Tuesday, February 21, 2017

The Swedish Meatball Massacre

I am so easily influenced.  After days of watching, hearing and reading about the Trump comment concerning the massive problems with immigrants  in Sweden aka The Swedish Meatball Massacre, I decided I needed to make Swedish meatballs.  So, something good can come out of something bad.  Ha!

  • 2 pound ground beef
  • 1/2 cup panko bread crumbs
  • 2 tablespoon parsley, chopped
  • 1/2 teaspoon ground allspice
  • 1/2 teaspoon ground nutmeg
  • 1/2 cup onion, finely chopped
  • 1 teaspoon Garlic Powder
  • 1/4 teaspoon Pepper
  • 1 teaspoon salt
  • 2 eggs
  • 2 tbsp. olive oil
  • 8 tbsp. butter
  • 1/2 C. flour
  • 4 cups beef broth
  • 1 cup heavy cream
  • 1 C. sour cream
  • 2 Tablespoon Worcestershire sauce
  • 2 tsp. Dijon mustard
  • salt and pepper to taste

 In a medium sized bowl combine ground beef, panko, parsley, allspice, nutmeg, onion, garlic powder, pepper, salt and eggs. Mix until combined.  Cook a small piece to taste it and adjust seasoning if needed.

 Roll into  meatballs. Melt 2 tablespoons butter and a bit of oil in a pot.

Add the meatballs and cook turning continuously until brown on each side and cooked throughout.

 Transfer to a plate.

 Add a stick of butter to the pot.

 Add the flour to the pot.

 Whisk until it turns brown.

 Slowly stir in beef broth and heavy cream.

 Add worchestershire sauce and dijon mustard and bring to a simmer until sauce starts to thicken. Add salt and pepper to taste.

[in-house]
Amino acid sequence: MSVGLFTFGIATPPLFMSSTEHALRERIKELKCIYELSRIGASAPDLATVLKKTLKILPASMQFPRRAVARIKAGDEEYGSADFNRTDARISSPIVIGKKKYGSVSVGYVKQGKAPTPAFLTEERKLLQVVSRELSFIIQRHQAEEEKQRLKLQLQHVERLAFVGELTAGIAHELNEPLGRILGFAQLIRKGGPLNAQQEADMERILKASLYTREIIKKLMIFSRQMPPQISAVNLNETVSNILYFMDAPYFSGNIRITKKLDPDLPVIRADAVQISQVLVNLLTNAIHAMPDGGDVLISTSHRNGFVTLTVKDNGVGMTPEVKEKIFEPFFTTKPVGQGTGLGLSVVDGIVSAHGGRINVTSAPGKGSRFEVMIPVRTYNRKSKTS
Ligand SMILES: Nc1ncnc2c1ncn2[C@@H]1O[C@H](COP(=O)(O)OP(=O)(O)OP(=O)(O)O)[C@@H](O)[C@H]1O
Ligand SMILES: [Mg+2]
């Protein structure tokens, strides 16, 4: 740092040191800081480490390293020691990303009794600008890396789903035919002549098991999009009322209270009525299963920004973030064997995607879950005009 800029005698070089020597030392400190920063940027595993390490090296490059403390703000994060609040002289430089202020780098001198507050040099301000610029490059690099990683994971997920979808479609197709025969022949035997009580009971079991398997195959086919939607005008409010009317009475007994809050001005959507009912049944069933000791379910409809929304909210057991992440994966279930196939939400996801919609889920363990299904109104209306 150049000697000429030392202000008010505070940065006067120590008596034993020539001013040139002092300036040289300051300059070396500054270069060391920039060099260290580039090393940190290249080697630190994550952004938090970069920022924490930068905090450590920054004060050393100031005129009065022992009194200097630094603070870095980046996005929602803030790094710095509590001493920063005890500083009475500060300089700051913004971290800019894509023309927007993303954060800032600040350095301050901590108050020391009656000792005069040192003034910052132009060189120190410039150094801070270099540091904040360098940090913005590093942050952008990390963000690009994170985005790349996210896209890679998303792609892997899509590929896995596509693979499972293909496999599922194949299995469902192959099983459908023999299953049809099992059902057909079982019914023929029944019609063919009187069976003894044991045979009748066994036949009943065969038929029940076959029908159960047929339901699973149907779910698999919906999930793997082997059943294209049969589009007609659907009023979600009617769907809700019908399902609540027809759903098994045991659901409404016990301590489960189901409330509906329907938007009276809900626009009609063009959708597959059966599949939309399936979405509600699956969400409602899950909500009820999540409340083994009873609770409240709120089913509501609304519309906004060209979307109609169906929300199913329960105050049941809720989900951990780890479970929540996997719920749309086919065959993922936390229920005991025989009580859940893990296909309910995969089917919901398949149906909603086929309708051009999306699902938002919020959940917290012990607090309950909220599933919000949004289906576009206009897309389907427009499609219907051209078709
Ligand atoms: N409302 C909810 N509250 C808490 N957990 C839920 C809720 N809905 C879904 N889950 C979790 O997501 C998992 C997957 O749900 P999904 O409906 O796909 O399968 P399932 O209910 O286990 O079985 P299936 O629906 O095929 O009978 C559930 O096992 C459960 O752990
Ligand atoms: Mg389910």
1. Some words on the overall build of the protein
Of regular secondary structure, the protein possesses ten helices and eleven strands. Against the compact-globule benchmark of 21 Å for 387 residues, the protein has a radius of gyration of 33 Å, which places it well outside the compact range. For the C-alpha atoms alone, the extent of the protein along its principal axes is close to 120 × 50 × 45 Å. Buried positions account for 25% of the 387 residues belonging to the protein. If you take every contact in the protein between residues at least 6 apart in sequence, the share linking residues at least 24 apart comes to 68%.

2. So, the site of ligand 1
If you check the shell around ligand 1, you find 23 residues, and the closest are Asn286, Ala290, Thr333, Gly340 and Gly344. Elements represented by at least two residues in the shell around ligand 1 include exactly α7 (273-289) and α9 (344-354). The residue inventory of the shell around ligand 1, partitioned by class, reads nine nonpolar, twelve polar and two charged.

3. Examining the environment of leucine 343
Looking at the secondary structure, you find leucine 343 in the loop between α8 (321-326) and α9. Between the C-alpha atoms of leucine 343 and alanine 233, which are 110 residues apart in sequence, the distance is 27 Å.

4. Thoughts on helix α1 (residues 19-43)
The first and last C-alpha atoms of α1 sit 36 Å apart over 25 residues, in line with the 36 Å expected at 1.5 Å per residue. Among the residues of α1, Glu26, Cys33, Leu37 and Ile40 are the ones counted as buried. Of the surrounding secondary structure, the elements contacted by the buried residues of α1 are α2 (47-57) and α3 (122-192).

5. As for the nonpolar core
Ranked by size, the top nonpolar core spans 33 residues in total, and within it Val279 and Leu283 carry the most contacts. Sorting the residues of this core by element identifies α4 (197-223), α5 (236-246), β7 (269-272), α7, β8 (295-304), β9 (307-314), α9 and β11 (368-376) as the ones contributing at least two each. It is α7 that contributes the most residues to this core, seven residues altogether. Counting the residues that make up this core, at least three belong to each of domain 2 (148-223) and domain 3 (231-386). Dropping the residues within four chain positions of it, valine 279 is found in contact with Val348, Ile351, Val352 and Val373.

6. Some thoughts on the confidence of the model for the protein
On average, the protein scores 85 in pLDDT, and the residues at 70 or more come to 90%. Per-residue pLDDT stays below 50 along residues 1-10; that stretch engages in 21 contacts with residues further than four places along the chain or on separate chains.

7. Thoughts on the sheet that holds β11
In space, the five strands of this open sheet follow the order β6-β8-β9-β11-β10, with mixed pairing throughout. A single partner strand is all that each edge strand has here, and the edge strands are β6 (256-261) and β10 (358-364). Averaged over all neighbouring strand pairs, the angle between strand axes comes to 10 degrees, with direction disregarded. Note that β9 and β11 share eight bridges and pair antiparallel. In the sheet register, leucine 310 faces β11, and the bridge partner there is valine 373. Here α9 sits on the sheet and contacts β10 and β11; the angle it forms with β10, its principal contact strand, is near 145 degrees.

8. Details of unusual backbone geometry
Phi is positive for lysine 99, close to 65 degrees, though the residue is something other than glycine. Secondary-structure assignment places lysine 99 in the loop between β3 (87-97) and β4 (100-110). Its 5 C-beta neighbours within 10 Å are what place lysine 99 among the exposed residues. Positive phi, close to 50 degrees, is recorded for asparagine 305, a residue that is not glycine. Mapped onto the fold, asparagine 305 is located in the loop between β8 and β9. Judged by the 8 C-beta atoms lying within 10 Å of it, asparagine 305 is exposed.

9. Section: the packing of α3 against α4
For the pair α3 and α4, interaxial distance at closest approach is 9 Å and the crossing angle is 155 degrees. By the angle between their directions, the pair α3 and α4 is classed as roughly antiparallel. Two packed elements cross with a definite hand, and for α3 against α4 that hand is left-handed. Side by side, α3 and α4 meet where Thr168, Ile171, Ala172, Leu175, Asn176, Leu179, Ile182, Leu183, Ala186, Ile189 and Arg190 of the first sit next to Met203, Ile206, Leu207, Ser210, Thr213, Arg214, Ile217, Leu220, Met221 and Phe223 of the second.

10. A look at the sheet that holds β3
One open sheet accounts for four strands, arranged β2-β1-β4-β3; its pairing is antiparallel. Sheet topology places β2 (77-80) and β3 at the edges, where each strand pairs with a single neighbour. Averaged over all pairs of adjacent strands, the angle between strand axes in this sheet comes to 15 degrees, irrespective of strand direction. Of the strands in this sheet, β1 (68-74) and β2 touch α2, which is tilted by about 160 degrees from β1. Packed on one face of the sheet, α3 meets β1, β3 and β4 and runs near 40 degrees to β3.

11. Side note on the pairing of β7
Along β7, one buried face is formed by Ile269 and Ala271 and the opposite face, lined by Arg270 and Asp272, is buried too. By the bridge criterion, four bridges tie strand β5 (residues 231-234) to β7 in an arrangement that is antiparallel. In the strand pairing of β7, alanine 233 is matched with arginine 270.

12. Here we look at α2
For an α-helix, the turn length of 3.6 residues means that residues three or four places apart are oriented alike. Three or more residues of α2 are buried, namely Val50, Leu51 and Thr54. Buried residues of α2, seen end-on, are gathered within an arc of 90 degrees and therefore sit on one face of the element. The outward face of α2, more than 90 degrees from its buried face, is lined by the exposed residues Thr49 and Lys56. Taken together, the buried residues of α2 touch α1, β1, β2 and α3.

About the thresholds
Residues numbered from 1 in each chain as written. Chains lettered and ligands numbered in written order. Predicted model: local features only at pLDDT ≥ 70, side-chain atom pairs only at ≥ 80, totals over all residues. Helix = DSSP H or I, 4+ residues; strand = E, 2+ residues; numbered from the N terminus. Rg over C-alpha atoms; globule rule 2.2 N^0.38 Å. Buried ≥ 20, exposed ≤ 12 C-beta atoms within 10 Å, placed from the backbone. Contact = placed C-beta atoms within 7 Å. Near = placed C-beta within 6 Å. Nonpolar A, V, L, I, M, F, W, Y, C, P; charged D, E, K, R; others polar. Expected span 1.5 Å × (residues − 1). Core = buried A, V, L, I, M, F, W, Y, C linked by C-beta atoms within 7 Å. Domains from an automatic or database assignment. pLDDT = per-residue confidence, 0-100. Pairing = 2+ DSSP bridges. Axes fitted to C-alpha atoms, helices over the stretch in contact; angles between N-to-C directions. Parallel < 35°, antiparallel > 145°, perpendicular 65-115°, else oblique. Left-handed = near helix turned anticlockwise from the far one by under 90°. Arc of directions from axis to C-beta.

Add some chopped parsley and add the meatballs back to the sauce.

 Cook some egg noodles.  I used two bags for this recipe.

Serve the meatballs over the noodles sprinkled with some parsley.

Perfect comfort food for a stressful time.

Monday, February 20, 2017

A New Potting Table

I bought a new potting table.
 Adieu old table, you served me well!  This table has been on my patio for 10 years in all sorts of weather and though it looks a bit rickety, it's actually pretty solid.

 Hello new table....you look like a real work horse.

 The old table is going to the lower garden.  The new one is unusual.  It's from Paris and I am guessing it's an old farm table.  Notice the drawer on the left without a drawer pull?

 The third drawer is actually on the side and has a metal drawer pull.  Interesting?

Has anyone ever seen a table like this?  Any idea what kind of wood this is made of?

Sunday, February 19, 2017

Korean Spaghetti

I made this for my daughter and her boyfriend, the chef, yesterday.  This is seriously good spaghetti.  It's so cute that someone who cooks for others all day long every day, loves me to cook for him.